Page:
Future of Research has issued a statement on the National Academies of Sciences, Engineering and Medicine report, “The Next Generation of Biomedical and Behavioral Sciences Researchers: Breaking Through. You can find the text of the statement below, and a downloadable PDF version of the statement here.   *****   Future of Research endorses the recommendations in the National Academies of Sciences, Engineering and Medicine report, “The Next Generation of Biomedical and Behavioral Sciences Researchers: Breaking Through,” released on April 12, 2018. This report addresses the factors influencing transitions of trainees in biomedical and behavioral sciences into independent research careers. It offers recommendations to reform systemic issues that reduce the efficiency of these transitions, and thus affect the productivity and scientific discoveries of researchers in the United States. This report, mandated by Congress under the 21st Century Cures Act, was envisioned by Senators Tammy Baldwin (D-WI) and Susan Collins (R-ME).   Though the issues that plague the biomedical research system have long been discussed within the scientific community, the key stakeholders (such as federal agencies, private funders, and universities) have frequently abdicated their responsibility for the system. The “Breaking Through” report addresses this issue head-on. The report argues that greater transparency, accountability and shared responsibility are needed to improve the biomedical enterprise.   Many of these suggestions have been made before, and while some changes and interventions have been made, others have not been heeded and have not resolved a key issue: that this enterprise depends on a large amount of cheap, and mostly foreign, labor in the guise of training. We recognize that no stakeholder seems willing to take responsibility...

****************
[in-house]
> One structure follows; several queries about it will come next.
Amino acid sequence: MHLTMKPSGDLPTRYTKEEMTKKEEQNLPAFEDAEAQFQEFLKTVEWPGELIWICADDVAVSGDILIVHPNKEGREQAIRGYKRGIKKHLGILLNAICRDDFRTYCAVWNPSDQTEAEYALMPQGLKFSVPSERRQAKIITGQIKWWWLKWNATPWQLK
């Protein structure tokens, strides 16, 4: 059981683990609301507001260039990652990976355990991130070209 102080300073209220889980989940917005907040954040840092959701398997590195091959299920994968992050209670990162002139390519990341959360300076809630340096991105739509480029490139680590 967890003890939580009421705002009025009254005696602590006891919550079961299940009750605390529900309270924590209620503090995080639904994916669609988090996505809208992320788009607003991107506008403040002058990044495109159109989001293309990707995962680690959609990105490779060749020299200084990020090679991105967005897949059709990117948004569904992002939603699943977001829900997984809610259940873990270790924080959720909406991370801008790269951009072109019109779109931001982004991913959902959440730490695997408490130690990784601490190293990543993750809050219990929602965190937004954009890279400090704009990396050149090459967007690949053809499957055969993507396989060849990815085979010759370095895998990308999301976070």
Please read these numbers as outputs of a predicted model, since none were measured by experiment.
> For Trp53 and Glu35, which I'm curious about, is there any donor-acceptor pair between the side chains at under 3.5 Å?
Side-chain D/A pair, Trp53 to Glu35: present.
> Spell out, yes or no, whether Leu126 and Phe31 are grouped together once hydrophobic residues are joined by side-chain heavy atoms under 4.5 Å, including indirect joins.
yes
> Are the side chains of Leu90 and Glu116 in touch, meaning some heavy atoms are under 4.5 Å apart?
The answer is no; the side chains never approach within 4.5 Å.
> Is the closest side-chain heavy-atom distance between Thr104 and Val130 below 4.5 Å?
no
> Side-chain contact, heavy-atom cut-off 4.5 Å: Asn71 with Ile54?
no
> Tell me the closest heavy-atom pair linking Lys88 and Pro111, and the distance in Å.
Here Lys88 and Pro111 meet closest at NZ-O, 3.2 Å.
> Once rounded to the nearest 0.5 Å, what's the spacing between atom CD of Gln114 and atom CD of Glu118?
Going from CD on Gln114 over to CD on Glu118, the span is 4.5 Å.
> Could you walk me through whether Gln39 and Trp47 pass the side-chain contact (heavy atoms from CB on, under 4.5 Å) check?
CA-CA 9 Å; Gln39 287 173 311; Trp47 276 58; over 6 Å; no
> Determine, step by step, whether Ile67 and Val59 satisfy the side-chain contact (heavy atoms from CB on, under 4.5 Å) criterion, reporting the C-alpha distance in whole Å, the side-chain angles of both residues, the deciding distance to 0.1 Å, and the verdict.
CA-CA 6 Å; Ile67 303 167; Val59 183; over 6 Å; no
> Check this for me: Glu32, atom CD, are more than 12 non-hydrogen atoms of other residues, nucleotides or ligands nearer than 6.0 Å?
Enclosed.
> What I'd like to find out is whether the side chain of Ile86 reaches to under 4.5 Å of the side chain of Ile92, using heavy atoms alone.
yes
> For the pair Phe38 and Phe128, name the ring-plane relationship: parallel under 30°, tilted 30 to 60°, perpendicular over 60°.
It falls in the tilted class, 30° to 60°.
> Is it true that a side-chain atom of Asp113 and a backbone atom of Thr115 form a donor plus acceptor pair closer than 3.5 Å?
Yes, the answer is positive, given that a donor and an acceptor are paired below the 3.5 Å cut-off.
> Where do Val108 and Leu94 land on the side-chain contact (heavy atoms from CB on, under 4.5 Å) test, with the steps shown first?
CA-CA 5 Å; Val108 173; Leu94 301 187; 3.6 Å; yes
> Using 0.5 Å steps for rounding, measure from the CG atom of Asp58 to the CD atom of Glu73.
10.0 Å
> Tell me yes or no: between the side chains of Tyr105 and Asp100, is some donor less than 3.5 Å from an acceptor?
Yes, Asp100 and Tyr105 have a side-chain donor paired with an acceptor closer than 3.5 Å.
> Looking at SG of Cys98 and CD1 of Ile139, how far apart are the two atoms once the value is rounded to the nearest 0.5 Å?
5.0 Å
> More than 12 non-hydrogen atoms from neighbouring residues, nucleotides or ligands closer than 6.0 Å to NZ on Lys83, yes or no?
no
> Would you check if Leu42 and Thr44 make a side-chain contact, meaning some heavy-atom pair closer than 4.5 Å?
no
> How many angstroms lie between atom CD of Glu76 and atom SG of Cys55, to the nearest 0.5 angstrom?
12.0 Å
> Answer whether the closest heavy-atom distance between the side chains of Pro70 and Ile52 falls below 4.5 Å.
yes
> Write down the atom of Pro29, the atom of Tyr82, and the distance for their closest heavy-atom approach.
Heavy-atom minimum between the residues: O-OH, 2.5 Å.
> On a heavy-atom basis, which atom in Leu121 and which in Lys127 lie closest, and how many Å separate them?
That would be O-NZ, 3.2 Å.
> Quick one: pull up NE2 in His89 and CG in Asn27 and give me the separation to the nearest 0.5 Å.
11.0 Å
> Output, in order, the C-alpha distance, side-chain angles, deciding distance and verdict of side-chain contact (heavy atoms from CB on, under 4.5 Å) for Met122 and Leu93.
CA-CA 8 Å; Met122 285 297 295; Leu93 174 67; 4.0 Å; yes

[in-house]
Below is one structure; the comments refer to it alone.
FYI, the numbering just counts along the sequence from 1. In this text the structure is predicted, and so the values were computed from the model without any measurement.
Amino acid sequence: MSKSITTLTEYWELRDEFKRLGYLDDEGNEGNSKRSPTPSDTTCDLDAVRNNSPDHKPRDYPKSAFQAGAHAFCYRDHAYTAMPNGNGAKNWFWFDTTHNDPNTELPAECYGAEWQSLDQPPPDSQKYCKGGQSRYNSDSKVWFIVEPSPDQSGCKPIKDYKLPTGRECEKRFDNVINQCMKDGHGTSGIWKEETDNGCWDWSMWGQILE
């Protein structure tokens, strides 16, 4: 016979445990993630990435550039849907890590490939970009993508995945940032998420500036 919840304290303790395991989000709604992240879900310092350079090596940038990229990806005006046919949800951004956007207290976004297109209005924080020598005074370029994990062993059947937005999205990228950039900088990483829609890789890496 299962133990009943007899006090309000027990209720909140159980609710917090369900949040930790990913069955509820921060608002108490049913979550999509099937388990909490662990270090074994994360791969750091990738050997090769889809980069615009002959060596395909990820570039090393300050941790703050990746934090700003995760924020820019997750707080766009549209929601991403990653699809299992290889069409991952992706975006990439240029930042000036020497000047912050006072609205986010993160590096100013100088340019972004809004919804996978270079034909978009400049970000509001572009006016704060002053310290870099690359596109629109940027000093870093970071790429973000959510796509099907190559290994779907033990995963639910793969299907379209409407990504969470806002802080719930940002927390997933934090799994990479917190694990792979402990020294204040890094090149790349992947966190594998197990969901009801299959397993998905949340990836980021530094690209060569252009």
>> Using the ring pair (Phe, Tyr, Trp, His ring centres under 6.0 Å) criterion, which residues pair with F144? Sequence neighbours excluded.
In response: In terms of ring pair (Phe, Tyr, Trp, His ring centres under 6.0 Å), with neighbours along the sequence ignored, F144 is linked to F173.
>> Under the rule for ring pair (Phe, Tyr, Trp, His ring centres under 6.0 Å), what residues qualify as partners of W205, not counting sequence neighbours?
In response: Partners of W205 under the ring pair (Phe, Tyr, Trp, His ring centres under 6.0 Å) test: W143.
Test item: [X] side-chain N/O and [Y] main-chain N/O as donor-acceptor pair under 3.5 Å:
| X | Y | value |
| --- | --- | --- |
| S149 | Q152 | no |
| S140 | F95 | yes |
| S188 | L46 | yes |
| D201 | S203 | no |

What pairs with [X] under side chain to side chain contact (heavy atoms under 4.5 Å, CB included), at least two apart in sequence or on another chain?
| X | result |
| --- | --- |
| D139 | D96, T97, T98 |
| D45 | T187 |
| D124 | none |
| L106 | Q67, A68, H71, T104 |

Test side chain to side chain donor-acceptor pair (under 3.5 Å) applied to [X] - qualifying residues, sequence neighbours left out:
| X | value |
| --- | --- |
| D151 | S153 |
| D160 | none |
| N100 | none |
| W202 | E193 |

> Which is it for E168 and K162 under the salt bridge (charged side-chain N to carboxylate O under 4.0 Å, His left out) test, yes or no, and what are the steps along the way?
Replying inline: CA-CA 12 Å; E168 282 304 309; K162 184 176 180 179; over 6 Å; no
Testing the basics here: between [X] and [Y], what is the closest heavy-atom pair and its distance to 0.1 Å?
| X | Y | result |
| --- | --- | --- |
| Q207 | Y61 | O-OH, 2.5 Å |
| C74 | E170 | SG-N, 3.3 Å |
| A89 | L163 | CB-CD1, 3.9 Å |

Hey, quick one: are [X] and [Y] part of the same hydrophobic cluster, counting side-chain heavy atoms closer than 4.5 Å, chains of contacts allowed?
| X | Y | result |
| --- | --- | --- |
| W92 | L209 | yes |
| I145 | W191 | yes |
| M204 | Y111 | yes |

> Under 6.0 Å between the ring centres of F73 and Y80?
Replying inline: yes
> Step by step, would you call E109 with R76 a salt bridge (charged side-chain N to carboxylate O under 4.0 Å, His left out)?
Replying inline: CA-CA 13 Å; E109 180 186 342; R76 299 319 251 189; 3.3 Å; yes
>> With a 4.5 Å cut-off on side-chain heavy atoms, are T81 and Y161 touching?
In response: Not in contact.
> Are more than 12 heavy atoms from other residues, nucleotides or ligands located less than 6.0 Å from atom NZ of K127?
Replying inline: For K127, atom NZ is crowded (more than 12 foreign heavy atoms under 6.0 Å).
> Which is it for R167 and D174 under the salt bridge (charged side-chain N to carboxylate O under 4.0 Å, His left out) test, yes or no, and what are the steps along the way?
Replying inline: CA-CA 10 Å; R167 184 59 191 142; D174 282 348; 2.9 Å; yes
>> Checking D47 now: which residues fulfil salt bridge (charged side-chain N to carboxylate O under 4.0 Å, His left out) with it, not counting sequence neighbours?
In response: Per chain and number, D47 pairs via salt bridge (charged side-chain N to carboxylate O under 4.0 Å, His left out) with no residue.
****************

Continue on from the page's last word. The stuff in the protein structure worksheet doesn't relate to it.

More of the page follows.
Watch live today: Release of National Academies of Sciences, Engineering and Medicine report on STEM Graduate Education

  The National Academies will launch “Graduate STEM Education for the 21st Century” today, which you can view remotely via webcast, at 1.30pm EST. This consensus study re-visits a 20-year old report on the state of science, technology, engineering and mathematics graduate education in the United States. The study is a comprehensive look at the U.S. graduate education system, identifying policies, programs, and practices that could better meet the diverse education and career needs of graduate students in the coming years.   Those present for discussion include: Alan Leshner (chair of the study), Chief Executive Officer Emeritus, AAAS Mary Sue Coleman, President, Association of American Universities (AAU) Kenneth Gibbs, Jr., Program Director, National Institute of General Medical Sciences Suzanne Ortega, President, Council of Graduate Schools Kate Stoll, Senior Policy Advisor, MIT Washington Keith Yamamoto, Vice Chancellor for Science Policy & Strategy, Vice Dean for Research, School of Medicine, Professor of Cellular & Molecular Pharmacology, University of California, San Francisco   You can view additional details about this project here at the National Academies website and you can view the live webcast here....